Ground-penetrating radar (GPR) is a form of concrete scanning that is used during construction to identify utility lines or structures underground prior to excavation, drilling, or cutting below or through grade. While GPR technology has been around for quite a while, there are still quite a few misconceptions regarding how it works as well as the limitations of the technology. Below, we’re discussing what concrete scanning is, what GPR is, as well as the top two myths about its use and functionality.
What is Concrete Scanning?
Generally speaking, concrete scanning refers to any scanning method used for determining what lies beneath or within concrete.
What is Ground-Penetrating Radar?
Ground-penetrating radar is the technology used for concrete scanning. A technician only needs access to one side of a concrete slab to perform a GPR scan, making it possible to scan foundational slabs or areas where it’s difficult to access both sides of the concrete.
As mentioned above, there are some myths about how GPR works and how effective it is. Below are the three most common myths we hear as GPR professionals.
1) Anyone Can Do It – many people believe that concrete scanning utilizing GPR is easy enough for untrained individuals to carry out, but this couldn’t be further from the truth. Interpreting and understanding GPR data requires a well-trained professional with experience to properly mark anomalies, keeping the job and workers safe when excavating, drilling, or cutting.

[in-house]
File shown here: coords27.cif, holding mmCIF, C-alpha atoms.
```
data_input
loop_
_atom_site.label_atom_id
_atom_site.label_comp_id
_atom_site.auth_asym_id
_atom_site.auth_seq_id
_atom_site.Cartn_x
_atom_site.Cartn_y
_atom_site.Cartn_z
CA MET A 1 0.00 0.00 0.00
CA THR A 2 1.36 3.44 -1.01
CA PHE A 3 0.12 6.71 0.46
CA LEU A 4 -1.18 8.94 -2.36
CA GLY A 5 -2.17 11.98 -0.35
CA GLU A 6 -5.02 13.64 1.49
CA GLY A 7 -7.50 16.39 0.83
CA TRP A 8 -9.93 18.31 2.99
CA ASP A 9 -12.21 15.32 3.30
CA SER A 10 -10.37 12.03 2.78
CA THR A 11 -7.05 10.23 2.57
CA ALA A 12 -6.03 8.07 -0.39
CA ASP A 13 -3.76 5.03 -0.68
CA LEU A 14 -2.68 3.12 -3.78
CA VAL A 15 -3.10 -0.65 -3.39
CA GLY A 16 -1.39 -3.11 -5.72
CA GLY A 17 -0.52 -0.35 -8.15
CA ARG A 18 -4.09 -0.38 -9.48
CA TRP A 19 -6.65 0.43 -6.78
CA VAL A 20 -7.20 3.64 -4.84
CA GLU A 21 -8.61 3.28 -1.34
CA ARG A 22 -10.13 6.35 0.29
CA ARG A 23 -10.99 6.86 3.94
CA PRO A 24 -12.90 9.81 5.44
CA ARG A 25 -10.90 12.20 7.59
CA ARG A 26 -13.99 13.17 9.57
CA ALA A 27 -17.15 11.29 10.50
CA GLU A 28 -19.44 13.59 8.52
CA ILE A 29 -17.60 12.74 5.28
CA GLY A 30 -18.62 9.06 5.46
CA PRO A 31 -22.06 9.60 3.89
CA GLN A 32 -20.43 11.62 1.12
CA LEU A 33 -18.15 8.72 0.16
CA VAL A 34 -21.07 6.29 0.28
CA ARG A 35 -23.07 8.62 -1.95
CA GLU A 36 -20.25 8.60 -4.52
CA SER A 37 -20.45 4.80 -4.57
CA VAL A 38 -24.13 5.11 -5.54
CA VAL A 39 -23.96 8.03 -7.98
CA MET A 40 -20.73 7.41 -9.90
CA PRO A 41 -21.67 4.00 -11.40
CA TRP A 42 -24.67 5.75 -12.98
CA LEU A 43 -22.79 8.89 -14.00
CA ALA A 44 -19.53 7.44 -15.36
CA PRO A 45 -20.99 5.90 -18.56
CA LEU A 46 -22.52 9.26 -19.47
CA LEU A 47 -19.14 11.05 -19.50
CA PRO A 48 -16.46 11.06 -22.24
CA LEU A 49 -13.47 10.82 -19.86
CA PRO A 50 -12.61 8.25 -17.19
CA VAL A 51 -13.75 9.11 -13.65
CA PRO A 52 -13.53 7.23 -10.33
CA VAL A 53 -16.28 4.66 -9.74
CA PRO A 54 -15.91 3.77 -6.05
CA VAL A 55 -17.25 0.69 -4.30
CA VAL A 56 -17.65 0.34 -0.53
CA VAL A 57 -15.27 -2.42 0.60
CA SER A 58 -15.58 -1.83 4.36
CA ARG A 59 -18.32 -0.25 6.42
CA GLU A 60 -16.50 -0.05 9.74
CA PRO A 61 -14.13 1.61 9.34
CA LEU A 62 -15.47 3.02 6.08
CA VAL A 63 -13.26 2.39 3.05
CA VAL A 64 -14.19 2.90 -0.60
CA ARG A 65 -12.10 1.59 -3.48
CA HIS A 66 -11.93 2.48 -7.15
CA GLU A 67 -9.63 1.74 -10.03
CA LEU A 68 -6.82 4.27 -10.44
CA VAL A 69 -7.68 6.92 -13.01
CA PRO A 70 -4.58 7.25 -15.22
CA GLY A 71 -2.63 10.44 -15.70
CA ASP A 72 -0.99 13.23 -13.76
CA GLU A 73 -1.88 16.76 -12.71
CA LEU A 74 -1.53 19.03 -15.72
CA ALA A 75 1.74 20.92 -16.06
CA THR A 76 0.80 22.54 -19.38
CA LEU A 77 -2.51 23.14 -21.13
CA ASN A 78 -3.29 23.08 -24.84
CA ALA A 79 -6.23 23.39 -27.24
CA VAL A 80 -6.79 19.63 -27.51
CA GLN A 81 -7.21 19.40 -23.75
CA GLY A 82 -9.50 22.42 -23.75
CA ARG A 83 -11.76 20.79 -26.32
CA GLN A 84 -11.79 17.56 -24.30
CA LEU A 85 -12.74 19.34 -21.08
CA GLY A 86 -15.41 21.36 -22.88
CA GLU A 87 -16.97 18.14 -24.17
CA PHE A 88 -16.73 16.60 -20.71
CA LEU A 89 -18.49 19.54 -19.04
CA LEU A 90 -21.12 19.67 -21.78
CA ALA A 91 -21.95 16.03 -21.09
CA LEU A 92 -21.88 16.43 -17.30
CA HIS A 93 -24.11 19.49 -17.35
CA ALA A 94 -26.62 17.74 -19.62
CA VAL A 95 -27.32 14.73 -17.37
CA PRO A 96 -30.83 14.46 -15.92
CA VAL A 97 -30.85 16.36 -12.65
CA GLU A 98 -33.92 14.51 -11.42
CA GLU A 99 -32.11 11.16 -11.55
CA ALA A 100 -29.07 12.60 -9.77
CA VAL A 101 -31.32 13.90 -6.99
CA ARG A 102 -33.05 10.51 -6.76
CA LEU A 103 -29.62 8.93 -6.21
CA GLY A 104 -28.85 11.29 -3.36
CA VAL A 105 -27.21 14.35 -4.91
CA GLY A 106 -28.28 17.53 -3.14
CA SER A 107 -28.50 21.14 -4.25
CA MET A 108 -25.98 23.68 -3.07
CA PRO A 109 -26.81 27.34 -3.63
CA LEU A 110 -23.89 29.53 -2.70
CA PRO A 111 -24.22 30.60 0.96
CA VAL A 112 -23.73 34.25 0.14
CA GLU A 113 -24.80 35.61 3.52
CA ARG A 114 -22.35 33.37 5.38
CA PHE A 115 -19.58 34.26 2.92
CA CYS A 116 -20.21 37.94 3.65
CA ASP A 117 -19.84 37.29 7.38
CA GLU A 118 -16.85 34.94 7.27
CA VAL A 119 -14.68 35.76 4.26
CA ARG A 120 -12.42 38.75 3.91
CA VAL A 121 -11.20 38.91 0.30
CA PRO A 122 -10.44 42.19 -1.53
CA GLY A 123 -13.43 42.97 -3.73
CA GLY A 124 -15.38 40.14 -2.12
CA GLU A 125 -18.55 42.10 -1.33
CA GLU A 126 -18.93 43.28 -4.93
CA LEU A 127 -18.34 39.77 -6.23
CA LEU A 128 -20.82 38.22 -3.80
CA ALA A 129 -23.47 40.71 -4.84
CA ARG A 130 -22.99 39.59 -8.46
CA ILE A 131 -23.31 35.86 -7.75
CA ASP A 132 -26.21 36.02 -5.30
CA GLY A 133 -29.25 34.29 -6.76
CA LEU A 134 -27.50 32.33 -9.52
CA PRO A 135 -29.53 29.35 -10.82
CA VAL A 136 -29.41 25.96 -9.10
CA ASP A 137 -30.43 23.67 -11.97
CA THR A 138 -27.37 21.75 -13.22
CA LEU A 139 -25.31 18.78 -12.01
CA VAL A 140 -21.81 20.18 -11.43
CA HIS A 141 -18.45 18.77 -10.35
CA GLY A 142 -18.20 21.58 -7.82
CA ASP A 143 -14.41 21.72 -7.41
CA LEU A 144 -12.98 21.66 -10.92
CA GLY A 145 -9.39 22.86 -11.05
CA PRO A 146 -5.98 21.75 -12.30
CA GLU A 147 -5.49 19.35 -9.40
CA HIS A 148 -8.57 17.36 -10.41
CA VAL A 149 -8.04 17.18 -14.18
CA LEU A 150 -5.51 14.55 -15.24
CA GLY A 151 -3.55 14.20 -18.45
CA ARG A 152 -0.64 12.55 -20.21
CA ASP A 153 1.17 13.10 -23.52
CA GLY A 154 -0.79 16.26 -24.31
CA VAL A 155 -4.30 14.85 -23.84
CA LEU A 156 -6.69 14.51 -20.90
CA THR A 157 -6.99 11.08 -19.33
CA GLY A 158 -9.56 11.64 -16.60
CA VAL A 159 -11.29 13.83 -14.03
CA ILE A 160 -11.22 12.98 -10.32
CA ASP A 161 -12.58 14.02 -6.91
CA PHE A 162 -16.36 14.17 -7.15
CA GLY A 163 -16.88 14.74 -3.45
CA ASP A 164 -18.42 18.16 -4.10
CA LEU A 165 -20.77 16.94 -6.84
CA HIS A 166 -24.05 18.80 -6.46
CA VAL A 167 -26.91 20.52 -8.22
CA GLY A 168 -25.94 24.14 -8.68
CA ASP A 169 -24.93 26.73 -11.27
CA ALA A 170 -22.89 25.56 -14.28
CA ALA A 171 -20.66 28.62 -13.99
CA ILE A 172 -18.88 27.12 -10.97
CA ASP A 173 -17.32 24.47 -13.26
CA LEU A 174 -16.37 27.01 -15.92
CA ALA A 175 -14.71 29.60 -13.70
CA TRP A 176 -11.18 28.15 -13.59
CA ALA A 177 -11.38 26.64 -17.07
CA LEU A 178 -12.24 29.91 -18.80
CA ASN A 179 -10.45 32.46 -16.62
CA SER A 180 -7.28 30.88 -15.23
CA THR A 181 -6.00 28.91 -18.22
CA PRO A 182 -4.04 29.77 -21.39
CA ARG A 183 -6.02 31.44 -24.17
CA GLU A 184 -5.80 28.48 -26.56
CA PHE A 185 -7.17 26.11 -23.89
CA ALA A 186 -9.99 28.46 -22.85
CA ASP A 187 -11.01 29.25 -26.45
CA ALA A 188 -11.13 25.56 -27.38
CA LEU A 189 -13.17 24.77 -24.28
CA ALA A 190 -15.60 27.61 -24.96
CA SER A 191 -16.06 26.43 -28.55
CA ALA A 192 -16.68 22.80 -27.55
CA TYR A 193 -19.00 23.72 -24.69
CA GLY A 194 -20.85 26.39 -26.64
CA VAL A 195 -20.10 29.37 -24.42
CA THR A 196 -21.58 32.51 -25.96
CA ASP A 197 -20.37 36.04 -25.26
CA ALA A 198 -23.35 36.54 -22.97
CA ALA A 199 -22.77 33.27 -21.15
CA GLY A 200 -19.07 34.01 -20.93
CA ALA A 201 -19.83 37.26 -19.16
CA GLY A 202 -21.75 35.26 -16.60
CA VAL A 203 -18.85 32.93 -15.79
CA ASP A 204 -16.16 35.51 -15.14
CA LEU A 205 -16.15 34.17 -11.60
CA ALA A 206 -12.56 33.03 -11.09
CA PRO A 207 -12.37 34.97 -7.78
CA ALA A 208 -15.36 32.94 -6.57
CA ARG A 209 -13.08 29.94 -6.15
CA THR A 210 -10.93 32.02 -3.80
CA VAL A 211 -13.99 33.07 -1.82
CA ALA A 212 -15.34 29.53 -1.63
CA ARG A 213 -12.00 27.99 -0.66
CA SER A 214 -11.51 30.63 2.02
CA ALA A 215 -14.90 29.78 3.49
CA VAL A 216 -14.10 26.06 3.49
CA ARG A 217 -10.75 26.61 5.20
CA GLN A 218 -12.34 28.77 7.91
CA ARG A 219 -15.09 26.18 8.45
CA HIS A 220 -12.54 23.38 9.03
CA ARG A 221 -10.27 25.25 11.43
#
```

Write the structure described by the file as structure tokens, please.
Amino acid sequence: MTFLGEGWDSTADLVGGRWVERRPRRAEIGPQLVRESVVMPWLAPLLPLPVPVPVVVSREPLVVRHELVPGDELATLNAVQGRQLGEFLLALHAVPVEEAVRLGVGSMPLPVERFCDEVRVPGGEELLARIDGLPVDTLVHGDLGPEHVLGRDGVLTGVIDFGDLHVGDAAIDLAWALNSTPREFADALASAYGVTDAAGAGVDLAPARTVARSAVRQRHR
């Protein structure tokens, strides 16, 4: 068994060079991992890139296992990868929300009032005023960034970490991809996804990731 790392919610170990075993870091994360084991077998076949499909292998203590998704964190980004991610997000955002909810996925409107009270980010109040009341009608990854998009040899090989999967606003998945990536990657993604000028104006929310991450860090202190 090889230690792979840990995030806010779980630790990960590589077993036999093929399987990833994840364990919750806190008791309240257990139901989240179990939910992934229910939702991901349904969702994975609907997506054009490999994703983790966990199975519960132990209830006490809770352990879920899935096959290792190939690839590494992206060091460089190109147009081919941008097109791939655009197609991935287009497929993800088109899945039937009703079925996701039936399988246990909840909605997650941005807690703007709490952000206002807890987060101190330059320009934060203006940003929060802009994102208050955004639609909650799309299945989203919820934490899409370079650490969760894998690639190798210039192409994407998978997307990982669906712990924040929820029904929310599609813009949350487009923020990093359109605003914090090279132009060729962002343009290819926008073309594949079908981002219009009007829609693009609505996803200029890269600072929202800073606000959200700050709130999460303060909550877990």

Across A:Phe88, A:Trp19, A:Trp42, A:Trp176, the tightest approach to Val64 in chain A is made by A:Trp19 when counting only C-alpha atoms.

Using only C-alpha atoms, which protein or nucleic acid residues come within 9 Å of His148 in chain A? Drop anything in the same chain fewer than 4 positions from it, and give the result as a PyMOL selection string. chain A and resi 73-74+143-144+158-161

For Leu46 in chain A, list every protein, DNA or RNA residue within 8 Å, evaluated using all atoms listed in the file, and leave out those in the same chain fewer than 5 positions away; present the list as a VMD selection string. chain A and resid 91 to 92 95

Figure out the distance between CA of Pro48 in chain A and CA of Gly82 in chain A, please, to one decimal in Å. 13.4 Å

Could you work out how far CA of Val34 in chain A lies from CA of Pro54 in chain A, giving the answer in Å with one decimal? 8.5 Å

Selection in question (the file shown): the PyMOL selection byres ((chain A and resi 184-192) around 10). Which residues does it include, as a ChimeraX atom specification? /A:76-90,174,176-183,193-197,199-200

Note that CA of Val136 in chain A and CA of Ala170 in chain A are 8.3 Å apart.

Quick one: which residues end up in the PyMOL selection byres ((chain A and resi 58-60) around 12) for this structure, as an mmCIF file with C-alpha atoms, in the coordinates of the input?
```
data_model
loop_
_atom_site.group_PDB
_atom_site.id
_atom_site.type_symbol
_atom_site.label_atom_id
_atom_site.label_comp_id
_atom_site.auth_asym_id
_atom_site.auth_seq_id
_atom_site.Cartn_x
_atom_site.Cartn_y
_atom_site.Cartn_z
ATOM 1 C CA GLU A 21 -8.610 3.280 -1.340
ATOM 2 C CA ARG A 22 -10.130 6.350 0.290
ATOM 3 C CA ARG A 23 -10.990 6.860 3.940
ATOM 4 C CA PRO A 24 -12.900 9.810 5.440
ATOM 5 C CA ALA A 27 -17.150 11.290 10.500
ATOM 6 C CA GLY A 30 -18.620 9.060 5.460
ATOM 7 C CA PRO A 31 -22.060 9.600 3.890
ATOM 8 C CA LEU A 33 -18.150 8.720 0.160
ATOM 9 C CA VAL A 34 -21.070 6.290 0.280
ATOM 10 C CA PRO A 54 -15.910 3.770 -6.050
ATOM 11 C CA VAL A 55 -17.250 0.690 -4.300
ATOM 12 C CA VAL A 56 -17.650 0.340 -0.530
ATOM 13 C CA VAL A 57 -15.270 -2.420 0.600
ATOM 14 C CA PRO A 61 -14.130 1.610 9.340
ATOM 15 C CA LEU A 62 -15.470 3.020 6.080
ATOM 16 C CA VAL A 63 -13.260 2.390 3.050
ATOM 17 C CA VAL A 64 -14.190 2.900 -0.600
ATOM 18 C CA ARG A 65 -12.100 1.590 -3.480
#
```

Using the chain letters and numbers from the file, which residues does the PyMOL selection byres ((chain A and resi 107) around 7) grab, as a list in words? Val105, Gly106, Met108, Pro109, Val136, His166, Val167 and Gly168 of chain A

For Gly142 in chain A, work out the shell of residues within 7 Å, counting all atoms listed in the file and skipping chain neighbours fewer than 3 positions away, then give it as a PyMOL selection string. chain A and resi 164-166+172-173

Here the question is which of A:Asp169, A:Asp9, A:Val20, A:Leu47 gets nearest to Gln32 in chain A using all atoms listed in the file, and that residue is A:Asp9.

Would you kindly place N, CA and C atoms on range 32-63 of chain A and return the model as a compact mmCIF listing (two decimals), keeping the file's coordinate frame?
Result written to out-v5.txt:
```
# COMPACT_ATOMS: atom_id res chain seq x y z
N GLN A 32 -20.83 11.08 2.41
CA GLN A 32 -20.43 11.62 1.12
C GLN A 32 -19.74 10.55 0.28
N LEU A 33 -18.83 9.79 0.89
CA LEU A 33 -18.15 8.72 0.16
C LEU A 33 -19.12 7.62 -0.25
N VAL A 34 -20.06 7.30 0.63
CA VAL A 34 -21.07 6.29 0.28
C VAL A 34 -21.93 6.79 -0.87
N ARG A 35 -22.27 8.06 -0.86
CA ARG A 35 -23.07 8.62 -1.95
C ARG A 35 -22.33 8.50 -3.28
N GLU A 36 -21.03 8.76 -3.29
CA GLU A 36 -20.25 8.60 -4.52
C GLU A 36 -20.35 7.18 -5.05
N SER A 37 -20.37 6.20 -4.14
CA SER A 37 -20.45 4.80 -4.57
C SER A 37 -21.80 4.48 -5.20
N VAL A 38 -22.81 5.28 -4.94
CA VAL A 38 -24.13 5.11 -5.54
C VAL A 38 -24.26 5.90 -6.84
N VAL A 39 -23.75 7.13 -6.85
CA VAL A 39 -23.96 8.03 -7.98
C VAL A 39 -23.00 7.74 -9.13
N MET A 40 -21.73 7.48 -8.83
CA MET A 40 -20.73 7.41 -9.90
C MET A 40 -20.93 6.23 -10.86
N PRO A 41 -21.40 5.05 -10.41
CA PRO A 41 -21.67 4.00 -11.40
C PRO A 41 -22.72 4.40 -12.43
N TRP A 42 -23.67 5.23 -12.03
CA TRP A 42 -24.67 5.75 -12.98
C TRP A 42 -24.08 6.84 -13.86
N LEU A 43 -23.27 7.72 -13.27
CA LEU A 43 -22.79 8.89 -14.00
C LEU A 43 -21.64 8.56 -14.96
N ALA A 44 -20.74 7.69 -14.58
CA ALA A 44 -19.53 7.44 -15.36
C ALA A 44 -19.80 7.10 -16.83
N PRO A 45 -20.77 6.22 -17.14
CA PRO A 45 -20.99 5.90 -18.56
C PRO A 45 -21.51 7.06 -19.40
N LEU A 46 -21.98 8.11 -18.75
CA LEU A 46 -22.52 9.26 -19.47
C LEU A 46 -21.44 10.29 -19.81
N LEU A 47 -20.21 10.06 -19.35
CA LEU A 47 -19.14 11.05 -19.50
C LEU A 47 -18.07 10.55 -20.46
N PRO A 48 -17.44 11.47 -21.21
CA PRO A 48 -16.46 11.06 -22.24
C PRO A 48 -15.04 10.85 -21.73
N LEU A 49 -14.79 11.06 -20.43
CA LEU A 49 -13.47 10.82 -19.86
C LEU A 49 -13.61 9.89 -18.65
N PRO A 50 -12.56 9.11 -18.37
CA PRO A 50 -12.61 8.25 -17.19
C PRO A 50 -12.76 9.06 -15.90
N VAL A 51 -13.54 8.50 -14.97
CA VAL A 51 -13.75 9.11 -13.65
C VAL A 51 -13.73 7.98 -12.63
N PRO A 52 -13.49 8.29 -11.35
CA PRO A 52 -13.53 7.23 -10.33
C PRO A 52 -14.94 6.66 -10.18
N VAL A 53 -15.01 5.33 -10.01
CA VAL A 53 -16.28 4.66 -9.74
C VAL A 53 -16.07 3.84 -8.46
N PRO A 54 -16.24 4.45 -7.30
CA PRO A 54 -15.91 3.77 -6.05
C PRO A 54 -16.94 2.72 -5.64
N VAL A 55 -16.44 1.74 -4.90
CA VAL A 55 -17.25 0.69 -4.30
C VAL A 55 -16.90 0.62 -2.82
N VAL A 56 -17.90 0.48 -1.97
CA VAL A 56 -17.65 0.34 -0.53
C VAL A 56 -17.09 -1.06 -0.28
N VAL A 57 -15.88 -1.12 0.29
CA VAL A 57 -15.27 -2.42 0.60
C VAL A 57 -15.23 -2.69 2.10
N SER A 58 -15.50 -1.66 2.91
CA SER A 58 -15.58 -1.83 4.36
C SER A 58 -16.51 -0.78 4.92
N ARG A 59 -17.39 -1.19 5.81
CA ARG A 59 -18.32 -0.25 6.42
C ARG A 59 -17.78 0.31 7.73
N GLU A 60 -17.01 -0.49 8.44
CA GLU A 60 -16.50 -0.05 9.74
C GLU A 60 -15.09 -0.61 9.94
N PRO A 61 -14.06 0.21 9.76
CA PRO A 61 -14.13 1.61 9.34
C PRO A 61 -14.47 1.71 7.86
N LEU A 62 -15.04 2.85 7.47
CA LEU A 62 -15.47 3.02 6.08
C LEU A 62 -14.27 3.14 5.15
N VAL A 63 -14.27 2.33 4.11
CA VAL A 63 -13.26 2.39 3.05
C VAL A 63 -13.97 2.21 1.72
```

2) Doesn’t Work with Water – some property owners believe that GPR doesn’t work if there is a water obstruction or if the top of the concrete is wet. In fact, GPR works very well even through freshwater, snow, or ice, and an accurate picture can still be taken through wet concrete. The only real limitation is saltwater, as the salt will interrupt the electromagnetic waves emitted by the GPR scanner.
Ground-penetrating radars have been around since the early 1920s and used commercially since the early 1970s. They are well understood by experts and professionals. If you’re looking to have the concrete at your building scanned prior to cutting or drilling, contact one of our highly-trained GPR professionals to scan, interpret, and provide an accurate report of the location of rebar, air pockets, utility lines, and more that may be within your concrete.